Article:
Review: ‘Memphis’ at Riverside Theatre


VERO BEACH, FL — A compelling story, electrifying dance and soul-stirring music come together in a the highly theatrical, professional production of the musical “Memphis,” on stage now at Riverside Theatre.

The storied success of this show begins with its concept – present a story rife with universal themes (the inevitability of social change) and layer into it great music evocative of Motown’s golden era (think Temptations, Chuck Berry, The Supremes).

Then, get the right talent: writer/lyricist Joe DiPietro (“I Love You, You’re Perfect, Now Change”) and composer/lyricist David Bryan (Bon Jovi keyboardist). Together, they tell the story of 1950s Memphis radio DJ Huey Calhoun (loosely based on life of real DJ Dewey Phillips) who defies his repressive white upbringing and falls in love with black R & B and a woman who sings it.

This show at Riverside Theatre, a co-production with Philadelphia’s legendary Walnut Street Theatre, uses sensational talent, both onstage and behind the scenes.

Easily commanding the stage, Christopher Sutton endears in his heartfelt portrayal of Huey Calhoun, a stubborn man you want to hug at one point and then shake some sense into him the next. Kimber Sprawl sizzles as Felicia, the singer who wins Huey’s love and delivers a bit of foreshadowing in the soul number “Someday.”

Kimber Sprawl as Felicia in 'Memphis' at Riverside Theatre.

Kimber Sprawl as Felicia in ‘Memphis’ at Riverside Theatre.

Other standouts include Philip Michael Baskerville as Delary, Felicia’s protective brother; Nichalas Parker as loveable Bobby; Travis Keith Battle as Gaitor; and Huey’s mother, Mary Martello. These four come this close to stealing the show in their big number, “Change Don’t Come Easy.”

Director/choreographer Richard Stafford brings a real Broadway flair to this production. It moves at an exciting clip, not even taking a breath at the silky smooth scenic changes in Peter Barbieri’s excellent scenic design. And, a big nod here to stage manager Ingrid Louise Olson, whose name appears last in the program’s list of credits but who makes this thing fly.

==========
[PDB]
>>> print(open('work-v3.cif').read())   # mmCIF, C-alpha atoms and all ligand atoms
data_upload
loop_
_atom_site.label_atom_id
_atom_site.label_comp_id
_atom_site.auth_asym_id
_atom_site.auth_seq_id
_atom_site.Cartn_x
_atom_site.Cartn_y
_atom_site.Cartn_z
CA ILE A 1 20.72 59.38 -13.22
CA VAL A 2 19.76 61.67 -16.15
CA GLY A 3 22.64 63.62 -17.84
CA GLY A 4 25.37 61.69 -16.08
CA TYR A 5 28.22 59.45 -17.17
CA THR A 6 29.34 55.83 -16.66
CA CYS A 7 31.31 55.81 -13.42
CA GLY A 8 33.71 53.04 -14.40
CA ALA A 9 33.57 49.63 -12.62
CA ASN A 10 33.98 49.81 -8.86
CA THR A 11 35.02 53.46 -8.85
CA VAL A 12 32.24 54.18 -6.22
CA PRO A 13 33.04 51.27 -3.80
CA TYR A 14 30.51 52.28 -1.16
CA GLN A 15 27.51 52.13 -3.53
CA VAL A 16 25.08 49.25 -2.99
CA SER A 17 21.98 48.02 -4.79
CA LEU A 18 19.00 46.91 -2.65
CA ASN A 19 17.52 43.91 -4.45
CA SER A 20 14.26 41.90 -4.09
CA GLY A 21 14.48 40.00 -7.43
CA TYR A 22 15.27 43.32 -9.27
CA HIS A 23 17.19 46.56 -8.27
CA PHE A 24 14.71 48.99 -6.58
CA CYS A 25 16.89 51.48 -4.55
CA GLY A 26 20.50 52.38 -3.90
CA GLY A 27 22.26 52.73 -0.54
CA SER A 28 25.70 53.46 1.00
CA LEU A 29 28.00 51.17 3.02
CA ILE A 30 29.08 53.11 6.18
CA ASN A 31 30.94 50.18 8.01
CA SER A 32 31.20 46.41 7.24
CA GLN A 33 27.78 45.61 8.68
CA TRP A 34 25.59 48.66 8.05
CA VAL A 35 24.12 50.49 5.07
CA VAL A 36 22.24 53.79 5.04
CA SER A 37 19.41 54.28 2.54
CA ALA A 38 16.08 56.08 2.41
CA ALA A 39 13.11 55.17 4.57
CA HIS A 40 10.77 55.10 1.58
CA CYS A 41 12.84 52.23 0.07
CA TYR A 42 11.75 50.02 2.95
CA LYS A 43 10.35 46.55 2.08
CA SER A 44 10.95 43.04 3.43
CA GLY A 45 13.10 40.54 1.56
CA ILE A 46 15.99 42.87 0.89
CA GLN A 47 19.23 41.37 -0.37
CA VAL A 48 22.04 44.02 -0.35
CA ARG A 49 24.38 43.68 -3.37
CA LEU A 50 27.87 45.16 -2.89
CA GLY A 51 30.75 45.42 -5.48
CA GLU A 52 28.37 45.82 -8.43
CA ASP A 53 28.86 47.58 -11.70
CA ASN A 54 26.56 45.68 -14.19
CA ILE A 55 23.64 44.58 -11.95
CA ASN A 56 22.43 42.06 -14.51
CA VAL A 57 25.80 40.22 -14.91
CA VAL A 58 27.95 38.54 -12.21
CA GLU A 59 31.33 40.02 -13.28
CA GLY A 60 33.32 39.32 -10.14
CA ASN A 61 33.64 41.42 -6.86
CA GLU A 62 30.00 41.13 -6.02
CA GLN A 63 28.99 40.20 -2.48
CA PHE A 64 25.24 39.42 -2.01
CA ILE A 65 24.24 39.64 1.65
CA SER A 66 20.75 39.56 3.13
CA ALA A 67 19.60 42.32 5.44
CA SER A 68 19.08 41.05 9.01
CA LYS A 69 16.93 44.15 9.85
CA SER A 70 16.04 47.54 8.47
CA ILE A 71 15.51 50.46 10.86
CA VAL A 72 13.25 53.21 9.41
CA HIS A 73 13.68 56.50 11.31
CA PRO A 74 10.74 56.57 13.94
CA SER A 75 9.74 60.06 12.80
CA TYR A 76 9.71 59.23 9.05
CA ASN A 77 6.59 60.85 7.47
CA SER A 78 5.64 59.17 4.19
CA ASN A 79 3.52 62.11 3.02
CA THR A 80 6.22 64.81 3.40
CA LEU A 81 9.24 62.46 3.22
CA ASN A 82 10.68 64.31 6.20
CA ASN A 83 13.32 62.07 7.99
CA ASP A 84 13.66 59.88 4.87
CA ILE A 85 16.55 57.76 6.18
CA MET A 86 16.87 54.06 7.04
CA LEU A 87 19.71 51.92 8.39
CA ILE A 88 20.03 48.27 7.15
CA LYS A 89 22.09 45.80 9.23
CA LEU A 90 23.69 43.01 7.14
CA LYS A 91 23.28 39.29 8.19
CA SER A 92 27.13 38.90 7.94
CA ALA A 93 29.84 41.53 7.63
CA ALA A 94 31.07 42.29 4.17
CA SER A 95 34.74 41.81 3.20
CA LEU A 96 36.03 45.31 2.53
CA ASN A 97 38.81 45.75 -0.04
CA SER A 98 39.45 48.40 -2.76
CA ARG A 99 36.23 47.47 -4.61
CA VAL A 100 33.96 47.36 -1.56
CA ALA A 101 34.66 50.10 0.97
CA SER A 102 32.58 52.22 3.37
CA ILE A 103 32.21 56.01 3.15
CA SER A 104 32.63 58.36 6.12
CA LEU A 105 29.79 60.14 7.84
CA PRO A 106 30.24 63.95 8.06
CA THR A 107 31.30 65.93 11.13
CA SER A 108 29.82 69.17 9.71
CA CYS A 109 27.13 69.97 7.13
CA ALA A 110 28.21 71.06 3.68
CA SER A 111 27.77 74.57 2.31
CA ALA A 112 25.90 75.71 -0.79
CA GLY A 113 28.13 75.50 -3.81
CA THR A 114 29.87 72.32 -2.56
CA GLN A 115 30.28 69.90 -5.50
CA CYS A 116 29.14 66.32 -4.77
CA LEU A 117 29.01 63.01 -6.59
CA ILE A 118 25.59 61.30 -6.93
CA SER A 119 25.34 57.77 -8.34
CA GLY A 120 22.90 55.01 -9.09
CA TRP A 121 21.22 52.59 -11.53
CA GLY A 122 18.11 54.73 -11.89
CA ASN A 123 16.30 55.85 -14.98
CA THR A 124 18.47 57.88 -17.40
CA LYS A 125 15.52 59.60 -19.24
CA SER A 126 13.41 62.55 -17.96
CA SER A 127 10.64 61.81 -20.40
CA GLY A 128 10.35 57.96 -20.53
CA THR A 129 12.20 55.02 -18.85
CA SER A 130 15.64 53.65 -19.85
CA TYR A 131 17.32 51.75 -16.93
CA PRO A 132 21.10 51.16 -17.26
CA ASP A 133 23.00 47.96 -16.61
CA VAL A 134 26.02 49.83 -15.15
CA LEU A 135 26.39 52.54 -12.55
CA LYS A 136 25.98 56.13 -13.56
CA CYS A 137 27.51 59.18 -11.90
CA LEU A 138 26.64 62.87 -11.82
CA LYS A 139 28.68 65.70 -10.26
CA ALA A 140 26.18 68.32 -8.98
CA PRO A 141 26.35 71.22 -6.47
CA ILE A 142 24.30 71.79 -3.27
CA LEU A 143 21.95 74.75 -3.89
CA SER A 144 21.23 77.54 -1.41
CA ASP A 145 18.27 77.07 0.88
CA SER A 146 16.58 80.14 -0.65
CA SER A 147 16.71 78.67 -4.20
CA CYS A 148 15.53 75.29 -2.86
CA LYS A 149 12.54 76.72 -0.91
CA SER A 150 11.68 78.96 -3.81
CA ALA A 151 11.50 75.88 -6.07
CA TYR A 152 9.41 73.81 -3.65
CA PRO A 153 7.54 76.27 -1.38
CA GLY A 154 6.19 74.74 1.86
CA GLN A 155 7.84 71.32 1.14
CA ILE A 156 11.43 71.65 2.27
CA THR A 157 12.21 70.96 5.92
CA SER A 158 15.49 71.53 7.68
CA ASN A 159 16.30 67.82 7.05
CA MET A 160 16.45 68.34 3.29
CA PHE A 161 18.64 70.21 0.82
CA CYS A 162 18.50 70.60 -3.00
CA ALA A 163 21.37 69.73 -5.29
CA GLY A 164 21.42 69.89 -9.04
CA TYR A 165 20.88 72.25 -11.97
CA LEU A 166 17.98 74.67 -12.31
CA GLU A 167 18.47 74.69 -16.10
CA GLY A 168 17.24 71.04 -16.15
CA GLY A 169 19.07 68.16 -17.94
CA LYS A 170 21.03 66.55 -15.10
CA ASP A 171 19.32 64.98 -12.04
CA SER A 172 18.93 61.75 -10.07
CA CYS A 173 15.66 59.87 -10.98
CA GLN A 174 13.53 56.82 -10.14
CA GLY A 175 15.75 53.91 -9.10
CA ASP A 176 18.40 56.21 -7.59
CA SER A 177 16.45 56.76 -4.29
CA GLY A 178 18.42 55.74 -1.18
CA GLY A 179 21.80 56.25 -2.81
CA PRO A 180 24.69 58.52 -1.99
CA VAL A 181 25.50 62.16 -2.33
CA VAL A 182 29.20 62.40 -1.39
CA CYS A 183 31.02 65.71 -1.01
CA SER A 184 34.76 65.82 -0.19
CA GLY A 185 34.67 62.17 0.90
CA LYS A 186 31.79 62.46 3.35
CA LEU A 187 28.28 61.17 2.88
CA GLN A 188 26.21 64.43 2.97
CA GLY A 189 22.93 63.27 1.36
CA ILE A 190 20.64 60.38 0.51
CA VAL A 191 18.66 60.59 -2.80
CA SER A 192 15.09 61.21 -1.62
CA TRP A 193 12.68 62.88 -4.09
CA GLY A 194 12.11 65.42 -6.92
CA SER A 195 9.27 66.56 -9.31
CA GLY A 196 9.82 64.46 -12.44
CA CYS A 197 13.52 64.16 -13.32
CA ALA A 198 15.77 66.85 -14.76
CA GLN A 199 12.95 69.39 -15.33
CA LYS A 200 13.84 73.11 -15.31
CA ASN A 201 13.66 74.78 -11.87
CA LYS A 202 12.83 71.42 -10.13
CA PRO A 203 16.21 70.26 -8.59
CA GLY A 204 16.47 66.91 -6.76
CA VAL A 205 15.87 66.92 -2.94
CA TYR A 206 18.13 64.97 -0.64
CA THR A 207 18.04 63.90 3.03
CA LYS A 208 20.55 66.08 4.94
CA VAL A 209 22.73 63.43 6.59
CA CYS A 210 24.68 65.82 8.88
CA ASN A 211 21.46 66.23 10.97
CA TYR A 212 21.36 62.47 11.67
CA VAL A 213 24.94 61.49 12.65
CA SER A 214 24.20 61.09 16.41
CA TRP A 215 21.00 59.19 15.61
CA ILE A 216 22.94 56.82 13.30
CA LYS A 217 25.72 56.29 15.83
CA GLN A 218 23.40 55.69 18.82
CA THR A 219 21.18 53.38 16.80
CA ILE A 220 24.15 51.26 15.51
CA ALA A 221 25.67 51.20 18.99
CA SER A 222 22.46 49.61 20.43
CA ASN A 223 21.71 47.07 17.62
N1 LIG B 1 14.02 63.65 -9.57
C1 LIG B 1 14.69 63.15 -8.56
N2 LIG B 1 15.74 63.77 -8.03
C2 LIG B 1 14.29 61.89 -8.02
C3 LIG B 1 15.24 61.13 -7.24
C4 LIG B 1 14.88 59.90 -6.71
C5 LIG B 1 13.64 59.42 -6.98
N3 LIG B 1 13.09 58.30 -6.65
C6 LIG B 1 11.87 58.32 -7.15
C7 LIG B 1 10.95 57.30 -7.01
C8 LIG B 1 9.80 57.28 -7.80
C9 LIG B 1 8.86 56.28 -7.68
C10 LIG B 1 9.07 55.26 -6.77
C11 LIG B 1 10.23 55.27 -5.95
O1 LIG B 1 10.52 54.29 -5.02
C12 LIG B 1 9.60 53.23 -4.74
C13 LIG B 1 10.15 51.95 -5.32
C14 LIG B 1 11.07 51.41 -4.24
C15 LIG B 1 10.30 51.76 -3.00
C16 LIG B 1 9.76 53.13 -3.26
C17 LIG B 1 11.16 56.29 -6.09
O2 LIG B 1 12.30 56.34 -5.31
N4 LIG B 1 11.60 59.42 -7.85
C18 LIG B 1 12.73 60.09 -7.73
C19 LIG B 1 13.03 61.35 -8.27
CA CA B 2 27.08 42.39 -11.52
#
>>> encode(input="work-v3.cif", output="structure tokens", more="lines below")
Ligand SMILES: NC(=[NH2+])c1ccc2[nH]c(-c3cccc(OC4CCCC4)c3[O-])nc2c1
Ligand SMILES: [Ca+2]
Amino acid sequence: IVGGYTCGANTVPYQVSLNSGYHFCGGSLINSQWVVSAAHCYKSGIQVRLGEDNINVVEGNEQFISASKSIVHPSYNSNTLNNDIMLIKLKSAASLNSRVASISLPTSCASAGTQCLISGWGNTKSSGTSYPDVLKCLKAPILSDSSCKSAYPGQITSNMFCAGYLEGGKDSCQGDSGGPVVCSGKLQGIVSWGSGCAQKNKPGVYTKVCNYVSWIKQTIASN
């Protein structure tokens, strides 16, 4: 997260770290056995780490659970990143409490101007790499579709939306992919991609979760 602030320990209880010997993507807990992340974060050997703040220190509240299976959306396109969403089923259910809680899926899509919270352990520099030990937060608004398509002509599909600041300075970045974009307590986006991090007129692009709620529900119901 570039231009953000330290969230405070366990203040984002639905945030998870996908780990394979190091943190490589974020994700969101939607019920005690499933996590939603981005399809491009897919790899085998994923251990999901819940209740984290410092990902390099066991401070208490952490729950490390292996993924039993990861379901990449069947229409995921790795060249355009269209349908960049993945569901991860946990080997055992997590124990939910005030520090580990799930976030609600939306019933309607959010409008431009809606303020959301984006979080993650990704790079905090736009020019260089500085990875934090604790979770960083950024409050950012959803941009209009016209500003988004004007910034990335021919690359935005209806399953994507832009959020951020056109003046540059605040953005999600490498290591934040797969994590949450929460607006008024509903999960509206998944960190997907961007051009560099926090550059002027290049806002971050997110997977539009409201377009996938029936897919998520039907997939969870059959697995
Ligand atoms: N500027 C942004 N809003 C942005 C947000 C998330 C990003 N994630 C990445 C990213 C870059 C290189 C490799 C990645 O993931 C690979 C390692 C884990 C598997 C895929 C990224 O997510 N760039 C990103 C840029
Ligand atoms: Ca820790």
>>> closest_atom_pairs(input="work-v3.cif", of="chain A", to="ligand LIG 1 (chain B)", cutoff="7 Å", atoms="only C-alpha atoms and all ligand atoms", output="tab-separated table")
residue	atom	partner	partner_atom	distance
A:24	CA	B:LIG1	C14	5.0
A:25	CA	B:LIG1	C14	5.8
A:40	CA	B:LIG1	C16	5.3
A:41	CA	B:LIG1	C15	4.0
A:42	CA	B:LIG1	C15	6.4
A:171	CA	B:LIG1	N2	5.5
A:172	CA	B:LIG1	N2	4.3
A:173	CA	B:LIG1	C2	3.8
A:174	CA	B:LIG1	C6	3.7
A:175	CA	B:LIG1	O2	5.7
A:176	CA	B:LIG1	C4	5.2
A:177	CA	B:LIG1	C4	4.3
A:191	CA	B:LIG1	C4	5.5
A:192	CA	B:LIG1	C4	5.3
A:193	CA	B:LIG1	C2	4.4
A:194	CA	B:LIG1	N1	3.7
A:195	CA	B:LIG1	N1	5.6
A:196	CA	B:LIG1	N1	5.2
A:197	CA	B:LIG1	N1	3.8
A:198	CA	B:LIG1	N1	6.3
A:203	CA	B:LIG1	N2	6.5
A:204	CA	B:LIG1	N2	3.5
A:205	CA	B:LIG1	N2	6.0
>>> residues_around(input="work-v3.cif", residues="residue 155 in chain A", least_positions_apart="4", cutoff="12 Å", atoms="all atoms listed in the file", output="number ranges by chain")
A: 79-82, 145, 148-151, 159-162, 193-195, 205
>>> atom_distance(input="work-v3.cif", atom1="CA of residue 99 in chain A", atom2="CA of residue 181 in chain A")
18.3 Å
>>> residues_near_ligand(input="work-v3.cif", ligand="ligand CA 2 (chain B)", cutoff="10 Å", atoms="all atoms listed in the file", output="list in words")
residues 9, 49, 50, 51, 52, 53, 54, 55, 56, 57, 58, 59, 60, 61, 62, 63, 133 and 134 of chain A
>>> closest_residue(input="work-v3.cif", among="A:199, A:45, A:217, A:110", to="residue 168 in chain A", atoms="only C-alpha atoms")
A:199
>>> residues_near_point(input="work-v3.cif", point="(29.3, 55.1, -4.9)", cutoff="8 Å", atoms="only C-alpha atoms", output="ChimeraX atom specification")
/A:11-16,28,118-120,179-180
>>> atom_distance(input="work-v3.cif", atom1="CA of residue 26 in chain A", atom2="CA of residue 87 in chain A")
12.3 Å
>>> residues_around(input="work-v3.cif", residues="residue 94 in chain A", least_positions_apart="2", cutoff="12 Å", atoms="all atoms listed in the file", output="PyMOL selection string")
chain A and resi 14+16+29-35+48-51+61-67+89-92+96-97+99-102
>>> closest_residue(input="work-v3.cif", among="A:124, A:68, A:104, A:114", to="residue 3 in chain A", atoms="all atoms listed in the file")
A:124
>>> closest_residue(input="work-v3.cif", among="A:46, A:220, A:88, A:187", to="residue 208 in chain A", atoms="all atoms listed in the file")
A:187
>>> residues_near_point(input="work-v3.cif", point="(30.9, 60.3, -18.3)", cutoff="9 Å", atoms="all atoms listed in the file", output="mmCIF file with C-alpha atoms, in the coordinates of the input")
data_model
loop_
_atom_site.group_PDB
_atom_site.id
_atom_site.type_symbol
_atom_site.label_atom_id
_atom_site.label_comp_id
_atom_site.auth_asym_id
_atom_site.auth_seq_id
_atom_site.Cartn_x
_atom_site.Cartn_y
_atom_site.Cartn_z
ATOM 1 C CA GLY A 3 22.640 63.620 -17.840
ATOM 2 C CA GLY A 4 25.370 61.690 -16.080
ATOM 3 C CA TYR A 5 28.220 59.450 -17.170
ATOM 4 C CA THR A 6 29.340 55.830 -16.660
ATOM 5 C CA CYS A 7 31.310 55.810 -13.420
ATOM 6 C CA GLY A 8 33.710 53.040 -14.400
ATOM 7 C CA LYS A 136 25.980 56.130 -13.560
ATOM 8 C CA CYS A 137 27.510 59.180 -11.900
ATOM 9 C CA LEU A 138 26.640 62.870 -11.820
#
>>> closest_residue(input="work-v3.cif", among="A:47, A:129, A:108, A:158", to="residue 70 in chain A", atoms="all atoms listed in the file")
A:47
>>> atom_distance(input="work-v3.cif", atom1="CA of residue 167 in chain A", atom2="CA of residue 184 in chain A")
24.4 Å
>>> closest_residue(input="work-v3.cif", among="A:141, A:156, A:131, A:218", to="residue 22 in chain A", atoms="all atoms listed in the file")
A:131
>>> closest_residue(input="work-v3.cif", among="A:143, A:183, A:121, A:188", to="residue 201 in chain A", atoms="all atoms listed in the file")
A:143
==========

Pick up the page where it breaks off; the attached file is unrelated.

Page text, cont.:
Mr. Stafford’s dance pops with energy and thematic layers, literally integrating the styles of white and black dancers in one number.

Mr. Barbieri uses a bridge as visual metaphor both in black and white photos warming the curtain before the show and in the proscenium and girders used in other scenic units.
It may not be especially subtle but nothing about this show is. Moreover, it is effective and well used considering the theme of music bridging two different cultures.

Add to all this, great moment-to-moment backup served by music director Ken Clifton and his band, beautiful lighting design by Jack Mehler and a perfect period costume design by Gail Baldoni,

The story in “Memphis” might be 60 years old, but the theme is as new as today’s headlines – change is going to come. And as shown in Riverside’s terrific production, you’ll applaud that change.

SIDE O’ GRITS: “Memphis” runs through April 26 at Riverside Theatre, 3250 Riverside Dive, Vero Beach. Curtain is at various times throughout the week. Tickets start at $35. Call 772-231-6990 or visit